When hospital leaders come together with the goal of holistic, team-based care centered on the patient, business flourishes. At Cancer Treatment Centers of America (CTCA), this focus was embedded upon inception and financial success has been a constant for the hospital system. As of 2014, both revenues and profits for CTCA have grown at a compounding annual rate of 15% to 20% for several years.1 One of five CTCA hospitals, Eastern Regional Medical Center (ERMC) in Philadelphia, Pa. has seen high year over year growth since its launch in 2006.
CTCA founder Richard J. Stephenson created a culture combining a whole-person treatment approach with a compassionate, nurturing environment. Creating a “mother standard” of care, the hospital system provides a patient-centered approach to cancer treatment, an approach that one would want for their own mother. At ERMC, the Mother Standard® is expressed and manifested by staff at all levels, from the CEO, CFO, and CNO to housekeeping staff and shuttle drivers. There is a deep-seated commitment to “looking at care through the patients’ eyes,” finding out and providing what the patients want. In fact, ERMC will absorb costs for extra services not covered by insurance if the services are valuable to patients. At ERMC, the patient is “at the center of [their] hearts and souls.”
COMPLEMENTARY AND INTEGRATIVE THERAPIES
ERMC offers a unique integrative approach to cancer care that includes both standard medical, surgical, and radiological oncology treatments integrated with complementary and integrative therapies. Each patient is assigned a Patient Empowered Care® (PEC) team comprised of an oncologist, nurse manager, naturopathic doctor, nutritionist and two care managers. Integrated therapies – such as nutrition, herbs and supplements, mind-body
therapies, acupuncture, chiropractic, massage, physical therapy, and pastoral care – are fully incorporated into each patient’s individual treatment plan. Their approach is to “focus on the person not the cancer.”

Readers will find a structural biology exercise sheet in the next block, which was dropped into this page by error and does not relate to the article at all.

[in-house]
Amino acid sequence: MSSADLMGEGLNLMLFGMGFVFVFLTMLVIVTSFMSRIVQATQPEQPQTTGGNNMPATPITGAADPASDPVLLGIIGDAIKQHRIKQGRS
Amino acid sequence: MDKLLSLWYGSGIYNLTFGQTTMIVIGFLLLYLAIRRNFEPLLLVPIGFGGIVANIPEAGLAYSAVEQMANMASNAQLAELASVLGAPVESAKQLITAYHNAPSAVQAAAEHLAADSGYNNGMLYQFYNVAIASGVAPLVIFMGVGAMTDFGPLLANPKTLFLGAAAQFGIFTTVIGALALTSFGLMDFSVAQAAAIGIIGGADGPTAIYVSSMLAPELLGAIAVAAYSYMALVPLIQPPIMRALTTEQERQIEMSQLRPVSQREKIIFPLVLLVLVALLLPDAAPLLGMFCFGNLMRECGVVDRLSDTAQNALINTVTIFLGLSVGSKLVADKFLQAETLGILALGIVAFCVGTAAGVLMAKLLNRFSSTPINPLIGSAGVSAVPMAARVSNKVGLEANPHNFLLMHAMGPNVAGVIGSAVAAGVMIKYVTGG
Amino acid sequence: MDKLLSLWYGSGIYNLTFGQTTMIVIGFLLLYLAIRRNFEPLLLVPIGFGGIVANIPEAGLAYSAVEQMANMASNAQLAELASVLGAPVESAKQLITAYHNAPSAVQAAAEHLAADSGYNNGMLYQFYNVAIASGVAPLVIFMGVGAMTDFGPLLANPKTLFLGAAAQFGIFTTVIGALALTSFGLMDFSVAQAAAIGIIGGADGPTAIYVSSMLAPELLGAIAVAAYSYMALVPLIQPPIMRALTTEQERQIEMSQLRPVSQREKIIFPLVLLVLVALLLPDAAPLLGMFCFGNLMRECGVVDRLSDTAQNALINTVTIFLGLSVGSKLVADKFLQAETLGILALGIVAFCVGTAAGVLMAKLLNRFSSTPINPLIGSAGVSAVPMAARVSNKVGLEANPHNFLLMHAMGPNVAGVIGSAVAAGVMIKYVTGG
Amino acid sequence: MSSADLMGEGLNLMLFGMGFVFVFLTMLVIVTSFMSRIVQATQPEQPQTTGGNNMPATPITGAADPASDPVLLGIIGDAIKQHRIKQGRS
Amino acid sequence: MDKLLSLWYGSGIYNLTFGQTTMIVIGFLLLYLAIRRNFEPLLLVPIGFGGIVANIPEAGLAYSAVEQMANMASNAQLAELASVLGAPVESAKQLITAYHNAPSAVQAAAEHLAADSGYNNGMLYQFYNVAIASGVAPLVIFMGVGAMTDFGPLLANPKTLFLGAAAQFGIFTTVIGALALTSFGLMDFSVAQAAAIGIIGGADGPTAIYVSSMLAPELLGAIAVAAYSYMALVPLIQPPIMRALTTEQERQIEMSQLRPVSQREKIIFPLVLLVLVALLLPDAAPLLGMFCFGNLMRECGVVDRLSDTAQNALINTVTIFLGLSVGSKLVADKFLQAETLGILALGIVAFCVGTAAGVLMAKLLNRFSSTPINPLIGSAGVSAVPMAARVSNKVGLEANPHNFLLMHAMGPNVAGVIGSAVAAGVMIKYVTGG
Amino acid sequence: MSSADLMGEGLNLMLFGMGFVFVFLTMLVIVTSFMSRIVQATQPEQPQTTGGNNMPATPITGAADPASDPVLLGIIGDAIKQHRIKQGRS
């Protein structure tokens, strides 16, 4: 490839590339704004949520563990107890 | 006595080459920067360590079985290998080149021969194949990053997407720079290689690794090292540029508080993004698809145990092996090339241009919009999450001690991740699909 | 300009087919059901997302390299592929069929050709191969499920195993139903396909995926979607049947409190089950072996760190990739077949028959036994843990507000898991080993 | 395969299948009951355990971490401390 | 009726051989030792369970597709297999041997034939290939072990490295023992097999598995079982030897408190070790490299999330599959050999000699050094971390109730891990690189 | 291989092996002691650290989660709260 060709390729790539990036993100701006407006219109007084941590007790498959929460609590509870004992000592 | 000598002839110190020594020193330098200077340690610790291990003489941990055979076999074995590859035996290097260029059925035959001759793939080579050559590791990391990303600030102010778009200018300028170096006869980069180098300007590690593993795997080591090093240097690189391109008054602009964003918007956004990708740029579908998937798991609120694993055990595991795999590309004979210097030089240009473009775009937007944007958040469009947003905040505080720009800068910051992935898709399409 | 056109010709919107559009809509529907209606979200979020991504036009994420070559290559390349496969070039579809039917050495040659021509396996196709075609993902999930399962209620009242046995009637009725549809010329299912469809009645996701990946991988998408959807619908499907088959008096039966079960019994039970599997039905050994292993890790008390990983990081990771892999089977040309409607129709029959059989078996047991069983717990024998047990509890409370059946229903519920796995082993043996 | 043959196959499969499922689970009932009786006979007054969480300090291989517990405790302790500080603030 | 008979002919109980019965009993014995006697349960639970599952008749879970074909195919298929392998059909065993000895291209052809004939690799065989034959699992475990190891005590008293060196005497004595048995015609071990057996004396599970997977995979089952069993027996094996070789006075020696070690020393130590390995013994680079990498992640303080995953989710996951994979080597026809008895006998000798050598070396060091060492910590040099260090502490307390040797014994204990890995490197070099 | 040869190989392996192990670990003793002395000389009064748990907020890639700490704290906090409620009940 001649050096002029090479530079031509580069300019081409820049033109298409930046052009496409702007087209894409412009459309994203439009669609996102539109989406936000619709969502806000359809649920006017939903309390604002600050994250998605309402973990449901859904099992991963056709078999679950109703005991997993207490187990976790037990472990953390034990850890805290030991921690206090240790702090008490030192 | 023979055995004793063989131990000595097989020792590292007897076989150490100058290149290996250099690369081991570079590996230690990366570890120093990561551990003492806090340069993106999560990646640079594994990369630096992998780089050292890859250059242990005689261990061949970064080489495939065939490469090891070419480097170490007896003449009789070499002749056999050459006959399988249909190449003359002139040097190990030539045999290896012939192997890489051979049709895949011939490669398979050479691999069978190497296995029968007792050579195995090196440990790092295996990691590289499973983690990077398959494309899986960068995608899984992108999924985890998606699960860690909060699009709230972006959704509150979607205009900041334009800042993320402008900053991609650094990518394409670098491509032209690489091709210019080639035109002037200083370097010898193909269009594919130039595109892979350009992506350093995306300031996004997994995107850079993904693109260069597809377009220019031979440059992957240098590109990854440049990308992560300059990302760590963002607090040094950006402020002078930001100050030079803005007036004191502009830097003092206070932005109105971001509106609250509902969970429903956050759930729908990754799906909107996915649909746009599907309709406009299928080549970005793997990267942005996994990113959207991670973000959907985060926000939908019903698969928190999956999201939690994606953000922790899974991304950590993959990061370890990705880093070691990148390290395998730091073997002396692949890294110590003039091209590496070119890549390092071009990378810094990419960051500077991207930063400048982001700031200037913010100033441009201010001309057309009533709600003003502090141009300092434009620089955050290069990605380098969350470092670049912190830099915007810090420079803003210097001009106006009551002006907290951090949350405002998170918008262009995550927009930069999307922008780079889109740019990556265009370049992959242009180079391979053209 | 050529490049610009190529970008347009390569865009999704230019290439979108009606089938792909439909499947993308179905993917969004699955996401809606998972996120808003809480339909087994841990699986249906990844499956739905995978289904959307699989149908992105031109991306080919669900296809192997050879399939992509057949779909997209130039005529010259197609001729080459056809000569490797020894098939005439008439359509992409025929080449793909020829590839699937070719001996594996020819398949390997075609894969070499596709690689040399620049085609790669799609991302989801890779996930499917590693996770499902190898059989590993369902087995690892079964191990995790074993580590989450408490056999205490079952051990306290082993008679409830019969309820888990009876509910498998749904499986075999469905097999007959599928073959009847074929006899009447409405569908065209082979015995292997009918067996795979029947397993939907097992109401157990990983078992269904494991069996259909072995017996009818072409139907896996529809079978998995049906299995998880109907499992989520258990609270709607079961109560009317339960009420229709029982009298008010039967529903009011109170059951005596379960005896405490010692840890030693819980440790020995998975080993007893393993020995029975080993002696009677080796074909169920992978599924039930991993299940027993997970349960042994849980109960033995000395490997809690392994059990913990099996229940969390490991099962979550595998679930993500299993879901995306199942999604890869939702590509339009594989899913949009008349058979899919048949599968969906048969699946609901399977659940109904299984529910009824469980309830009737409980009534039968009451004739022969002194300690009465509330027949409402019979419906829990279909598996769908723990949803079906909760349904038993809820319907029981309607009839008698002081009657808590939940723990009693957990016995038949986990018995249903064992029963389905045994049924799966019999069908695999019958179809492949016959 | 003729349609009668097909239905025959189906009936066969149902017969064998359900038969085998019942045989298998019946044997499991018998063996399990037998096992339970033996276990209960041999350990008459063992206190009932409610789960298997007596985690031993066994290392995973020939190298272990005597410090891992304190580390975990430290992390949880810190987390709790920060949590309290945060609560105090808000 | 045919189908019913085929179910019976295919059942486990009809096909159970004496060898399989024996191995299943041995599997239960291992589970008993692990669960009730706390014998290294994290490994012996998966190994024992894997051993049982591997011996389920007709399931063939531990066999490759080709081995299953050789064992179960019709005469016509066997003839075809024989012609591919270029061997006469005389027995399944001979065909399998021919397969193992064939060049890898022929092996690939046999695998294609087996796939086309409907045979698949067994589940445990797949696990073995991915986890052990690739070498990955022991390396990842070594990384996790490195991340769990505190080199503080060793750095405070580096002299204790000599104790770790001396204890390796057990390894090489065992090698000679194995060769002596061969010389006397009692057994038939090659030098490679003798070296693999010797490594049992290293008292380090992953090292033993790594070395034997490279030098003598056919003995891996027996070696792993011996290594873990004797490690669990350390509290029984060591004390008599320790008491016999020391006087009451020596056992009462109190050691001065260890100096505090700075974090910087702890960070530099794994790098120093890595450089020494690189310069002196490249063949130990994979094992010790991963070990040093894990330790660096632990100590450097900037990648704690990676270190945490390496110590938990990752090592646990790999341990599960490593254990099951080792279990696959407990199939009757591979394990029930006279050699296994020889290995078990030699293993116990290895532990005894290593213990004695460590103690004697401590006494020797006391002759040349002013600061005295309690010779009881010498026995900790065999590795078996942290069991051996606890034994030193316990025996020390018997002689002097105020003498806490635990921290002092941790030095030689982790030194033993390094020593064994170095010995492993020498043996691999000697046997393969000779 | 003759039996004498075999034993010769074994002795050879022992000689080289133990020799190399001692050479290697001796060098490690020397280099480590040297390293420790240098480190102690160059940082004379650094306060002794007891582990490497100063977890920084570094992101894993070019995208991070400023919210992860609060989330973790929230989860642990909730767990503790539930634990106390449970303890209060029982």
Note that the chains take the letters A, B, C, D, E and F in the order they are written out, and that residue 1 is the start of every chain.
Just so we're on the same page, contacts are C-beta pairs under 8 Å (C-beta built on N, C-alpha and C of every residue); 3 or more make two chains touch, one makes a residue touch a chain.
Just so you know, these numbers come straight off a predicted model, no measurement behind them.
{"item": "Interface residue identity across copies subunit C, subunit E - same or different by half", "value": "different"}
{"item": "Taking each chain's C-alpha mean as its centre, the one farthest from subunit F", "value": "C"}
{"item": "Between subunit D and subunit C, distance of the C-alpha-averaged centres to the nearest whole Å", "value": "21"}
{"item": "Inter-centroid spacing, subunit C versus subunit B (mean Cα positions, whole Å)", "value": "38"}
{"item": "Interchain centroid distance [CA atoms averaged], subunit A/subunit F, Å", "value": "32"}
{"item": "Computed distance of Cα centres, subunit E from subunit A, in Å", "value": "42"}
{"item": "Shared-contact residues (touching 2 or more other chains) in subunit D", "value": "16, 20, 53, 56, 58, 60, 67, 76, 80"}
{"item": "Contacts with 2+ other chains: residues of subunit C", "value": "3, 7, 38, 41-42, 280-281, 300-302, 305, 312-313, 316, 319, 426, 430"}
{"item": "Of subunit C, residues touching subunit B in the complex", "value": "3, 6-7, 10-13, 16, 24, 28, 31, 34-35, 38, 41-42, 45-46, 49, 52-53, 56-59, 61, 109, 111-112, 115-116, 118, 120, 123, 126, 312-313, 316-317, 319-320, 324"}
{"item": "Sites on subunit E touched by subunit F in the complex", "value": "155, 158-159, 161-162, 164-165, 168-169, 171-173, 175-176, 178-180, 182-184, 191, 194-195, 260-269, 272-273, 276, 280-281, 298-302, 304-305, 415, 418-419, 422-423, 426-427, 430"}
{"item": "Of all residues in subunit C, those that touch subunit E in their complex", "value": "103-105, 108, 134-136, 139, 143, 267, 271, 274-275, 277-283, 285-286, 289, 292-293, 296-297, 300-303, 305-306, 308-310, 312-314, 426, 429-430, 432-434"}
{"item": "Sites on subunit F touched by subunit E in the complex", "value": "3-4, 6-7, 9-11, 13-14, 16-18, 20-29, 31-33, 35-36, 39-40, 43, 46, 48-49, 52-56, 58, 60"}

By providing such holistic and integrative care, ERMC maximizes the health and strength of the patient – body, mind, and spirit – leaving them in the strongest position possible to fight cancer and withstand side effects of treatment, while also improving their quality of life. As one administrator notes, “We leave no stone unturned to create a healing environment.”
PATIENT AND STAFF LOYALTY
ERMC’s financial success is due in part to patient loyalty and resultant referrals leading to sustained growth.
Patient satisfaction with ERMC’s integrative care is reflected in high patient loyalty and experience of care scores. ERMC’s Hospital Consumer Assessment of Healthcare Providers and Systems (HCAHPS) scores are substantially higher than regional and national averages. Of the 18 Philadelphia hospitals participating in the public reporting system, ERMC scores the highest in overall hospital rating (88% of respondents give ERMC a score of 9 or 10) and likelihood to recommend (91% answered they would definitely recommend).
ERMC was recognized as a best place to work in the Philadelphia Business Journal for the past three years and administrators report minimal recruiting costs for professional positions. They have a 2% nurse turnover rate, significantly less than the regional (14.2%) and national (18%) averages. Calculated potential cost avoidance is in the $4-5 million range.
Potential cost avoidance for nurse turnover rate at ERMC is $4,387,730 compared to other hospitals in the northeast region; $5,394,750 compared to national hospitals of a similar size.
As one ERMC administrator states, “…build your reputation and the financials will follow.”
OHE IN PRACTICE
“ERMC is exemplary in their provision of holistic team-based care combined with complementary and integrative therapies. They illustrate how Optimal Healing Environment initiatives can financially benefit a hospital system,” said Wayne B. Jonas, MD, President and CEO, Samueli Institute.
Learn more about becoming an OHE
Download a print-friendly version of this article: ERMC Business Case
(1) Herzlinger RE KN. Cancer Treatment Centers of America (A). Boston: Harvard Business School; 2014.
This work is supported by the US Army Medical Research and Materiel Command under Award No. W81XWH-08-1-0615. The views, opinions and/or findings contained in this report are those of the author(s) and should not be construed as an official Department of the Army position, policy or decision unless so designated by other documentation. In the conduct of research where humans are the subjects, the investigator(s) adhered to the policies regarding the protection of human subjects as prescribed by Code of Federal Regulations (CFR) Title 45, Volume 1, Part 46; Title 32, Chapter 1, Part 219; and Title 21, Chapter 1, Part 50 (Protection of Human Subjects).